Breakthrough in organ rejection diagnosis examines gene behavior

Nov 19, 2007

A new article appearing in American Journal of Transplantation describes a revolutionary technique for more clearly identifying the possibility of organ rejection in kidney transplants. The technique, which uses a microarray or “Gene Chip,” a process of examining DNA sequences, defines how major causes of organ disease leading to rejection share similar disturbances in gene behavior.

The study is the first to show how gene sets, as opposed to single genes, can be used for diagnosis of rejection in individual patients, and offers new insight into the mechanisms of these gene changes.

“The key problem in transplantation is to diagnose rejection. This has traditionally been done with the microscope by reading the appearance of the tissue. We are showing how this can be performed by reading the changes in expression of genes, and in particular, expression of sets of genes,” says Philip F. Halloran, M.D., lead author of the study and Editor-in-Chief of American Journal of Transplantation. “This is a more objective and accurate method of identifying the possibility of organ rejection.”

The authors established sets of genes – transcripts sets – based on disease pathogenesis. They found a threshold for expression below which the studied biopsies did not show evidence of rejection. The findings displayed a series of major biologic indicators that occur before and during organ rejection. The results showed that previous histologic criteria, particularly relating to the cut-off between borderline organ acceptance and rejection, are unreliable.

The gene behaviors identified showed strong correlations, indicating that disturbances leading to transplant rejection have stereotyped structures. Samples from the study that lacked these disturbances did not lead to organ rejection.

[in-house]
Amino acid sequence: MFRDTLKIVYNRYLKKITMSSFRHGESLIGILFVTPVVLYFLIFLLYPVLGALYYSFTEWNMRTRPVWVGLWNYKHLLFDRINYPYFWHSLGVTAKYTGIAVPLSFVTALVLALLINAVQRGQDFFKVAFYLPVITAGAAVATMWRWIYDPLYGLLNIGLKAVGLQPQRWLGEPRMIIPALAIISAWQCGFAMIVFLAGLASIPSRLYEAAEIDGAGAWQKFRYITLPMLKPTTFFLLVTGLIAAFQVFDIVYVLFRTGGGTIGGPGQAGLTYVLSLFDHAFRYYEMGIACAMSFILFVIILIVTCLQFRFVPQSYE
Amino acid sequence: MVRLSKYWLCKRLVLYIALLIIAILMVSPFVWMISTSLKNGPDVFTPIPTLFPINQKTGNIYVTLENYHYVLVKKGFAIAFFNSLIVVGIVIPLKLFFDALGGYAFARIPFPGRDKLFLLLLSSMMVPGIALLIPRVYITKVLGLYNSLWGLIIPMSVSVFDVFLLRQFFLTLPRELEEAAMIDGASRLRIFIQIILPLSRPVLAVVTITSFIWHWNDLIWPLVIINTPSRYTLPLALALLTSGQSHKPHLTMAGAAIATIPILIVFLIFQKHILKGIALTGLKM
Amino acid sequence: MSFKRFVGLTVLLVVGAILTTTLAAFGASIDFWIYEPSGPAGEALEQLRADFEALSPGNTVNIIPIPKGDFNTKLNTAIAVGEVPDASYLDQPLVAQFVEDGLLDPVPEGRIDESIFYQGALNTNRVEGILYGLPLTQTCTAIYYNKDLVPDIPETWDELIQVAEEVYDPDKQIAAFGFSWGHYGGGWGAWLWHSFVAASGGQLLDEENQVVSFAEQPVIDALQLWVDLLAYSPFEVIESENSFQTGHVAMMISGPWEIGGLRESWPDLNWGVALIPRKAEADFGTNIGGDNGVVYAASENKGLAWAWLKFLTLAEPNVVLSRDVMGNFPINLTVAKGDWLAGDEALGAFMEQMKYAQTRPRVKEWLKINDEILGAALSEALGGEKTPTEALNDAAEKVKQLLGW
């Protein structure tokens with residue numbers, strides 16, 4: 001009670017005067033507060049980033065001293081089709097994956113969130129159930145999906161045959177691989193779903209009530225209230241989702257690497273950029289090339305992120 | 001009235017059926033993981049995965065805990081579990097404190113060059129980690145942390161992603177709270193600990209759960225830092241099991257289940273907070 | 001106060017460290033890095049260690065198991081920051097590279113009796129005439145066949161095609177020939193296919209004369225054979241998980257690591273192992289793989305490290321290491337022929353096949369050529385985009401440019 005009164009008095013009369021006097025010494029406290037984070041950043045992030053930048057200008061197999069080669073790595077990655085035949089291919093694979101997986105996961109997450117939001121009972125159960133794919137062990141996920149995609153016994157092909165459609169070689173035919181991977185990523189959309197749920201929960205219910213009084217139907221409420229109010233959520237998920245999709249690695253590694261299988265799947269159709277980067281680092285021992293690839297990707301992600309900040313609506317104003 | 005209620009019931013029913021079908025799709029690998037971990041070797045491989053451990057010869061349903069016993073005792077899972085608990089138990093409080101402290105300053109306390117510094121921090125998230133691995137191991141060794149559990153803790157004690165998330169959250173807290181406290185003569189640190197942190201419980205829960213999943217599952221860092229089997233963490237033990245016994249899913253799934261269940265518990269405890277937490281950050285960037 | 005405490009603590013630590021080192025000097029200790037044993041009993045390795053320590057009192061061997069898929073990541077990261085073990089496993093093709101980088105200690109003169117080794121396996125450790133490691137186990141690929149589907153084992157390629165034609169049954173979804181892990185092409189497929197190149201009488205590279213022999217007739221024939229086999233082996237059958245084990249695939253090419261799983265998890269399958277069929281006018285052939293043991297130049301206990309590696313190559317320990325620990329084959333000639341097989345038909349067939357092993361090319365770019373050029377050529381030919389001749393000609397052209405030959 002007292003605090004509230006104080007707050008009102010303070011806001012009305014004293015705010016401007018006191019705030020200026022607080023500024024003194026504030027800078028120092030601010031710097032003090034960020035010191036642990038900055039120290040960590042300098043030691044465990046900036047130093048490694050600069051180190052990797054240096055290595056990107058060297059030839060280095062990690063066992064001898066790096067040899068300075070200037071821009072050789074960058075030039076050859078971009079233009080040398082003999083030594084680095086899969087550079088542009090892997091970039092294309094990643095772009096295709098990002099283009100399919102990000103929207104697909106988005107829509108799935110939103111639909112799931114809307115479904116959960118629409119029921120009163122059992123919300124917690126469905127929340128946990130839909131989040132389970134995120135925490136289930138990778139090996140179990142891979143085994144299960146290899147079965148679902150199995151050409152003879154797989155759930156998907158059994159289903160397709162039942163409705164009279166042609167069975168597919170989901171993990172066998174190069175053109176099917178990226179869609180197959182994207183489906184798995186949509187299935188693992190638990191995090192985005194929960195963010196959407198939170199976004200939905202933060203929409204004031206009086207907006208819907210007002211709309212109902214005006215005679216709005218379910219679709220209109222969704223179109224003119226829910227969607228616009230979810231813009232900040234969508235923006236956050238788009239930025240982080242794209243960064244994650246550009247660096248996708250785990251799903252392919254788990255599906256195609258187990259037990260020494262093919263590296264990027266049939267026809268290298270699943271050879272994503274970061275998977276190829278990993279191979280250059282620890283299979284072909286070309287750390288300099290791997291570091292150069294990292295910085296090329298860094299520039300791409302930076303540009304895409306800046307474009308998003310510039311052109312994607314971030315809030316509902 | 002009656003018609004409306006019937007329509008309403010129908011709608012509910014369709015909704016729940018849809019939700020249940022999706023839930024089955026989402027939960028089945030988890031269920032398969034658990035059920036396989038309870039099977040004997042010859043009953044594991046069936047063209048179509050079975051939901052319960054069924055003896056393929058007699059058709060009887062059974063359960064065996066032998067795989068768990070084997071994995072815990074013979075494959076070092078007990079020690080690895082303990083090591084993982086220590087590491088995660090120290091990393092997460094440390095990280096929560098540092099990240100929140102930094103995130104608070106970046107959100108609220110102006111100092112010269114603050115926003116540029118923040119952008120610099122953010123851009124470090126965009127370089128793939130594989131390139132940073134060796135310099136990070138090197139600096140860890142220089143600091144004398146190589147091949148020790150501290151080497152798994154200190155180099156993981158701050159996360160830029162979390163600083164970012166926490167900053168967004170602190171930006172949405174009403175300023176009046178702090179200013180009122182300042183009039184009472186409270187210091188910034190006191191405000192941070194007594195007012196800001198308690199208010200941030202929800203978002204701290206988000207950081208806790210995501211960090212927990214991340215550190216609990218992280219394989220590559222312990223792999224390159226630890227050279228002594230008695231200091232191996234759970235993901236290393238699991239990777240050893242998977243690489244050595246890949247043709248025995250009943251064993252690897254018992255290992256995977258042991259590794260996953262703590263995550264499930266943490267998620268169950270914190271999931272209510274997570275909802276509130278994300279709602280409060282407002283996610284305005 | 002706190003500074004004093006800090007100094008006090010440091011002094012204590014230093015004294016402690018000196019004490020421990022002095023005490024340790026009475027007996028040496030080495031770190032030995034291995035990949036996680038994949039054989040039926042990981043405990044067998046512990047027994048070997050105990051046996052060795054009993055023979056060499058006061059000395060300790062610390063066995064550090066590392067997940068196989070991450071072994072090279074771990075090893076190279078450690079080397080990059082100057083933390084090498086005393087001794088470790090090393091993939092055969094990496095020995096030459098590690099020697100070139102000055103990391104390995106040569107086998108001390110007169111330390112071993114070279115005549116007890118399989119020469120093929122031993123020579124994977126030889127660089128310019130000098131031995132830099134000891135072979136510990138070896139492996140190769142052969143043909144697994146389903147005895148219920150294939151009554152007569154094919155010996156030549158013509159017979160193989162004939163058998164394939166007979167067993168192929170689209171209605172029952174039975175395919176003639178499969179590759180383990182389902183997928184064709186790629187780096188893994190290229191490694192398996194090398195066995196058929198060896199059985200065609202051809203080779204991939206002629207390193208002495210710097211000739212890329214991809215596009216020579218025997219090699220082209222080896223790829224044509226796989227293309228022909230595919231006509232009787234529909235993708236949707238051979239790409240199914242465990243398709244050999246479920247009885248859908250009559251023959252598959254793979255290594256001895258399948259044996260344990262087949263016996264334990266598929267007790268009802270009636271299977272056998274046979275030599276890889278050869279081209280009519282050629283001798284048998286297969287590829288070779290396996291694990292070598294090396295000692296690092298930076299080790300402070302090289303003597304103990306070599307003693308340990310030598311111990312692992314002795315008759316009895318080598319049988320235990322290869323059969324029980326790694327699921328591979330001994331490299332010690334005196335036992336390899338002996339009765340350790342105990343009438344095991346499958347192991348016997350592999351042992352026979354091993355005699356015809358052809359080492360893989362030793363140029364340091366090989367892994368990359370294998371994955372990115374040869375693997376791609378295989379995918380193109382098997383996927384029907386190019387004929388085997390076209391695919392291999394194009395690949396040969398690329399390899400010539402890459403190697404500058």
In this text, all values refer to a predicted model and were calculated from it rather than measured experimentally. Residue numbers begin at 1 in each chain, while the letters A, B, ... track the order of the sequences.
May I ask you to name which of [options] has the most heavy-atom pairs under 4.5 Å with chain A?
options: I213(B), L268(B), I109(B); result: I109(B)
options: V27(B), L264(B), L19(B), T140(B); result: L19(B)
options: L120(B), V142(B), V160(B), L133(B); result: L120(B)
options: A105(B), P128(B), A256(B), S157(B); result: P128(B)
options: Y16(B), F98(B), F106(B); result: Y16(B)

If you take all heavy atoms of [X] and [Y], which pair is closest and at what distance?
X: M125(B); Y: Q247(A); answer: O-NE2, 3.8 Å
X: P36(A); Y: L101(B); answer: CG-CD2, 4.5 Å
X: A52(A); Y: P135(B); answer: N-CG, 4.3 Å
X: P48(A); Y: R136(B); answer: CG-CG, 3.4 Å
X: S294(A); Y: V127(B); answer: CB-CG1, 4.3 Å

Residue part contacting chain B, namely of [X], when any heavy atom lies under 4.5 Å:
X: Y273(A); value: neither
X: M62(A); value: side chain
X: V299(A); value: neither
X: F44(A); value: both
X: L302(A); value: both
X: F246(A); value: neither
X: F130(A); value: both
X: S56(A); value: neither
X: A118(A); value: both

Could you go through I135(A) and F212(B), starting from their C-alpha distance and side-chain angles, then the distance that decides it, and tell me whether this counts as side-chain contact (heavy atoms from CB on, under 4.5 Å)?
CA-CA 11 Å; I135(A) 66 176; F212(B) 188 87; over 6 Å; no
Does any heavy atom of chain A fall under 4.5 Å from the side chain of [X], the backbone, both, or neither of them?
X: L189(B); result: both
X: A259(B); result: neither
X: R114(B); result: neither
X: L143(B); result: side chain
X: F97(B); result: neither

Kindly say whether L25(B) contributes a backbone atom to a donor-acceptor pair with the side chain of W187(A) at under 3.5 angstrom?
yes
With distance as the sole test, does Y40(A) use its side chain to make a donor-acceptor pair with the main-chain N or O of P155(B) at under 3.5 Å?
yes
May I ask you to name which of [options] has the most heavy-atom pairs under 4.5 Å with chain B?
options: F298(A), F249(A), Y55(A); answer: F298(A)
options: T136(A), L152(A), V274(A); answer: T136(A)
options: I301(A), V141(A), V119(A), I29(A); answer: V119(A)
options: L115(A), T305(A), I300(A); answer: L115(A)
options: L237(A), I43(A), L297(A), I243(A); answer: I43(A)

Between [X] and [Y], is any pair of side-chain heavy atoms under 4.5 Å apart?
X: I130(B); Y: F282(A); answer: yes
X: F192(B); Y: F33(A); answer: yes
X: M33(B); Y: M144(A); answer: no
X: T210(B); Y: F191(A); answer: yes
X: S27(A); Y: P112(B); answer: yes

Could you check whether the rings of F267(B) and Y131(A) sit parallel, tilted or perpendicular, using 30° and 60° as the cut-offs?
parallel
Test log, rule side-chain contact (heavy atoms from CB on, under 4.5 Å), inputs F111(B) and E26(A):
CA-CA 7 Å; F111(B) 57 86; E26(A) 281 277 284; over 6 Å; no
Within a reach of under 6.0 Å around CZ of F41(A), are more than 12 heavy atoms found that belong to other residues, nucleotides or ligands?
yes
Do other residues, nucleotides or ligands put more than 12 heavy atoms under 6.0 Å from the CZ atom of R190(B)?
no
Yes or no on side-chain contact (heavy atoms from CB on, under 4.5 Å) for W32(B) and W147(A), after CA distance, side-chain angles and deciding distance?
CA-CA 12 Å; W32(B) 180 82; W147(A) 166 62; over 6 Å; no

The features of this structure are also found in lower levels in many forms of organ disease and injury. “The system of reading biopsies that was developed in the study can be used with to help understand a variety of disease processes,” says Halloran.

Source: Blackwell Publishing Ltd.

Explore further: Could ibuprofen be an anti-aging medicine? Popular over-the counter drug extends lifespan in yeast, worms and flies

add to favorites email to friend print save as pdf

Related Stories

How female fruit flies know when to say 'yes'

Oct 07, 2014

A fundamental question in neurobiology is how animals, including humans, make decisions. A new study publishing in the open access journal PLOS Biology on October 7 reveals how fruit fly females make a very ...

Protecting privacy also means preserving democracy

Sep 01, 2014

What impact does the proliferation of new mobile technologies have? How does the sharing of personal data over the Internet threaten our society? Interview with Professor Jean-Pierre Hubaux, a specialist ...

Fecal transplants let packrats eat poison

Jul 21, 2014

Woodrats lost their ability to eat toxic creosote bushes after antibiotics killed their gut microbes. Woodrats that never ate the plants were able to do so after receiving fecal transplants with microbes ...

Recommended for you

User comments : 0

Please sign in to add a comment. Registration is free, and takes less than a minute. Read more

Click here to reset your password.
Sign in to get notified via email when new comments are made.